Boost your productivity with these life-changing email hacks
How do you get out from an avalanche of emails? Let go of your “inbox zero” goal, to start.
What could you accomplish if you had up to 28% more time in your week? Would you be able to finish a promotion-worthy project or go the extra mile for a client?
According to a 2012 McKinsey Global Institute study, 28% of the average workweek is spent reading and answering emails. That’s time you could have spent being proactive and productive instead of replying to each and every digital missive you received.
Monster spoke with experts to help you find the happy medium between responding instantaneously and constantly saying, “Sorry for the delay!”
The first step? “Let go of ‘inbox zero,’” says Jocelyn K. Glei, a productivity expert and author of Unsubscribe: How to Kill Email Anxiety, Avoid Distractions, and Get Real Work Done. “Your unread message count is not an audit of your productivity.”
After all, you can’t walk into your annual review and boast, “I got to inbox zero!” or, “I respond to emails in record time!” as a reason you deserve a promotion. “If you want to make time to accomplish meaningful work,” Glei says, “you have to let go of the notion of an empty inbox.”
Answer emails in batches
“There are two types of emailers,” says Glei. “Reactors who rely on notifications and near-constant monitoring of their inboxes, and batchers who set aside specific chunks of time to power through email so they can ignore it the rest of the time.”
Batchers are more efficient and less stressed, she says. After all, if you’re constantly reacting to new emails, you’re probably getting sidetracked from the work you’re actually supposed to be doing.
To be more of a batcher, Glei recommends designating two to three blocks of 30–60 minutes per day solely for checking your emails.
Set notifications for urgent emails
Sure, you say, I’ll just ignore my email for 90 minutes, and then “that person” will email again in ALL CAPS with an “urgent” red flag alert.
That’s exactly the kind of stress you’re trying to avoid, right?
Glei suggests adjusting your smartphone settings to get push notifications from people who frequently send time-sensitive emails. “If you have a special someone who will freak out if you don’t tend to their email within five minutes of receiving it, compromise by using VIP notifications,” Glei says. “Then you’re freed up to ignore your email without worrying you’ll miss something crucial.”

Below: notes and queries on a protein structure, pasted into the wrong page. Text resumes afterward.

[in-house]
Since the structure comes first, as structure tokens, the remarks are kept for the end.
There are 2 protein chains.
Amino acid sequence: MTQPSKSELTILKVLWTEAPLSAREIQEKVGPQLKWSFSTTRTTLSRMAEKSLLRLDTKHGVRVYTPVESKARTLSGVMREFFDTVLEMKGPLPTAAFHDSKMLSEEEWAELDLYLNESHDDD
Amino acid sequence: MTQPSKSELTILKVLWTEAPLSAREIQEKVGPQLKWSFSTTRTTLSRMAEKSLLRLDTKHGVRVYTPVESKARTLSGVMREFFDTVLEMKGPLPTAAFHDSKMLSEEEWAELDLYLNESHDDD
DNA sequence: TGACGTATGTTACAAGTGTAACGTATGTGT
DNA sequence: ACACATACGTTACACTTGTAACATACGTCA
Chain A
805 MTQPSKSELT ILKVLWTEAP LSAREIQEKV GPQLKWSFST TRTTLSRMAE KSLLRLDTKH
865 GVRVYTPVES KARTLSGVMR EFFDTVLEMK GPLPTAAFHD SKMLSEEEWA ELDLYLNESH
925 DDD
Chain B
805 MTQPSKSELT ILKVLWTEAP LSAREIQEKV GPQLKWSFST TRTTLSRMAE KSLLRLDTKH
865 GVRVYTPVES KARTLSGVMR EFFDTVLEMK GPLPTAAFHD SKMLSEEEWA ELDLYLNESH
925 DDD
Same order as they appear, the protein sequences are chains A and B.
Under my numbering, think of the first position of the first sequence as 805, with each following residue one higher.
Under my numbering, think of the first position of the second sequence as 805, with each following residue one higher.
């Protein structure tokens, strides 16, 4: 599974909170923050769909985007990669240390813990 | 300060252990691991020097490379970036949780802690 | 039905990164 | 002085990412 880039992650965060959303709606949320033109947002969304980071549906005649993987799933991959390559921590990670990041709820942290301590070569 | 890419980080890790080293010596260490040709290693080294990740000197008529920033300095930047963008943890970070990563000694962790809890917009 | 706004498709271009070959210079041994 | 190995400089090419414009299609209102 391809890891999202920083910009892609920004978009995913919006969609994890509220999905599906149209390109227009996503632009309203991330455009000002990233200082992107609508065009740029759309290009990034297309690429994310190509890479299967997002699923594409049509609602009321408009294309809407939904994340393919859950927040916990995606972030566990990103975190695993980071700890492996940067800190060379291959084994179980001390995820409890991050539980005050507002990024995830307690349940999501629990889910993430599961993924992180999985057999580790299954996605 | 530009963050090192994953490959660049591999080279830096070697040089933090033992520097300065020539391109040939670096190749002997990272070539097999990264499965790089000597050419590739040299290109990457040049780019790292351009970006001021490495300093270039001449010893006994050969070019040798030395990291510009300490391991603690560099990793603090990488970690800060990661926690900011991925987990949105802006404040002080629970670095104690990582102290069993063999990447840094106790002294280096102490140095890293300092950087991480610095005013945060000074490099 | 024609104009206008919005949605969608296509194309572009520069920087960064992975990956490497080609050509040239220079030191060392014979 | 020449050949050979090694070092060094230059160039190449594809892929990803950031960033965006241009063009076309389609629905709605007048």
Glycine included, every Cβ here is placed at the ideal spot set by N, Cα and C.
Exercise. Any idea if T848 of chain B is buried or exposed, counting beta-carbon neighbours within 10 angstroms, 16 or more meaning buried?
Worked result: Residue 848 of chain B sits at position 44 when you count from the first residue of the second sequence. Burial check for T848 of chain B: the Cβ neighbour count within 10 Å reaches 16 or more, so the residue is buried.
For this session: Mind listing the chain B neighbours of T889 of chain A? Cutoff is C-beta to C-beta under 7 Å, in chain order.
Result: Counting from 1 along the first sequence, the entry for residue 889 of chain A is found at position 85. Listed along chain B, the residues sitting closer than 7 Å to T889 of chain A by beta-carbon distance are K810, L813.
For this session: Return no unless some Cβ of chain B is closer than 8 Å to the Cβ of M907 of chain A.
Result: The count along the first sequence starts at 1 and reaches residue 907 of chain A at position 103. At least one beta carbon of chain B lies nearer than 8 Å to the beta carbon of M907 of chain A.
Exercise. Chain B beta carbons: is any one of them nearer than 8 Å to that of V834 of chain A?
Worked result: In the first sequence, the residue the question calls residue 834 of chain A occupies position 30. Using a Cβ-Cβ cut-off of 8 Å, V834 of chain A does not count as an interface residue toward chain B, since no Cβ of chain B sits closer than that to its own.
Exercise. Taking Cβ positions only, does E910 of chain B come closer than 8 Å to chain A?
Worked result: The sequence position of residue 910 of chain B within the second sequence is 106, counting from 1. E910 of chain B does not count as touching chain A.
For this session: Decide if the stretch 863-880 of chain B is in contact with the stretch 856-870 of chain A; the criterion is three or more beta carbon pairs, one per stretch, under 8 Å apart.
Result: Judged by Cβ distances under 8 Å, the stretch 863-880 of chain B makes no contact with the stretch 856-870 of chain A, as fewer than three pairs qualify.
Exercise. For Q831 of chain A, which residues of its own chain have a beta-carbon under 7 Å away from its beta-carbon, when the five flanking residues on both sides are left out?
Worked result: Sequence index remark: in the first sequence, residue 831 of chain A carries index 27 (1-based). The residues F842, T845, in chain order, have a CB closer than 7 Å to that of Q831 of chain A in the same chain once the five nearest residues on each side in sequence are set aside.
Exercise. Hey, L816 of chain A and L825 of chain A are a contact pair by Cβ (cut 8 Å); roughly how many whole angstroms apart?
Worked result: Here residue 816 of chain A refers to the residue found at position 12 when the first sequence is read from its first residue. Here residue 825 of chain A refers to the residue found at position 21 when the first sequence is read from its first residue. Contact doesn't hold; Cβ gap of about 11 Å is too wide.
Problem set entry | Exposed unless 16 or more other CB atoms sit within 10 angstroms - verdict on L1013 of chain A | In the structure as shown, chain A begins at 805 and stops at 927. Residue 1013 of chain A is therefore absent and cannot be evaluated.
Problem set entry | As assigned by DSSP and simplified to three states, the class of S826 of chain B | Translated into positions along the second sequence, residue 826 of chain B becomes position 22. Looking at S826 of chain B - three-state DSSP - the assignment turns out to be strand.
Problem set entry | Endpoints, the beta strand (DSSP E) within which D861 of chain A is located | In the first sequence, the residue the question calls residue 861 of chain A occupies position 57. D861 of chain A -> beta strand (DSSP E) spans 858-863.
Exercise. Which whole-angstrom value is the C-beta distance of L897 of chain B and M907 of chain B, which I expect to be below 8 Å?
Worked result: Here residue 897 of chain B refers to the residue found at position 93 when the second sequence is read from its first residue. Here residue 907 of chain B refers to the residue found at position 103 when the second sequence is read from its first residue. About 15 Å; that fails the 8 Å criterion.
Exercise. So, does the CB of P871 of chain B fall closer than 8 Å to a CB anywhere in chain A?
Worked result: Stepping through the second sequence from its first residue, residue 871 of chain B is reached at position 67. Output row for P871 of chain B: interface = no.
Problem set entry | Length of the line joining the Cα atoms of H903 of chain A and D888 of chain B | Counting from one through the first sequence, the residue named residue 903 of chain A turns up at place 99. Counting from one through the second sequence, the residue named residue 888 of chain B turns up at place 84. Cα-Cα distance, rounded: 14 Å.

Create canned responses
If you find yourself writing the same type of email over and over again, save time by creating template responses, suggests Kelly Mazur, founder of the Toronto-based digital marketing agency North Palm Digital.
Mazur uses Canned Responses for Gmail to automatically answer commonly asked questions. “These pre-written responses are used for all of my frequent inquiries, such as my rates or availability. With one click I can reply to an email, which makes clearing out my inbox much faster.”
Press pause on your inbox
Like a never-ending game of whack-a-mole, there’s nothing worse than getting distracted by new emails as you’re answering old emails in your already overflowing inbox.
Lucky Gmail users have another fix for that. Alex Moore, CEO of the Mountain View-based email productivity company Boomerang, recommends using Inbox Pause to “temporarily stop emails from flooding your inbox." This Gmail-friendly plug-in allows you to set a “time-out” on your emails until you’re ready to start receiving them again.
Fact: No one likes sending or receiving l-o-n-g emails that take 10 minutes or more to read.
“Keep responses short where you can, and follow up with face-to-face meetings or phone calls when the response is long and requires discussion,” recommends Dawn Roberts, founder of the Houston-based consultancy firm Dawn Roberts Consulting. “This will avoid long email conversations that can become impossible to follow and clutter everyone's inboxes.”
You don’t have to answer every email right away, but there may be situations where a client or higher-up wants acknowledgment that you saw their email.
Respond right away with a short message letting the person know when you’ll write a full response.
“People crave context,” says Glei. “If you help them understand where their email sits within your workload, they can be surprisingly understanding. What’s more, expectation-setting emails can help you relax by allowing you to re-assert control over your schedule and release any feeling of obligation about meeting someone else’s timetable,” she says.
Just make sure to star the email, use a label, put it in an email folder, use a service like Boomerang, or write it down on your to-do list so you don’t accidentally ghost your client or boss.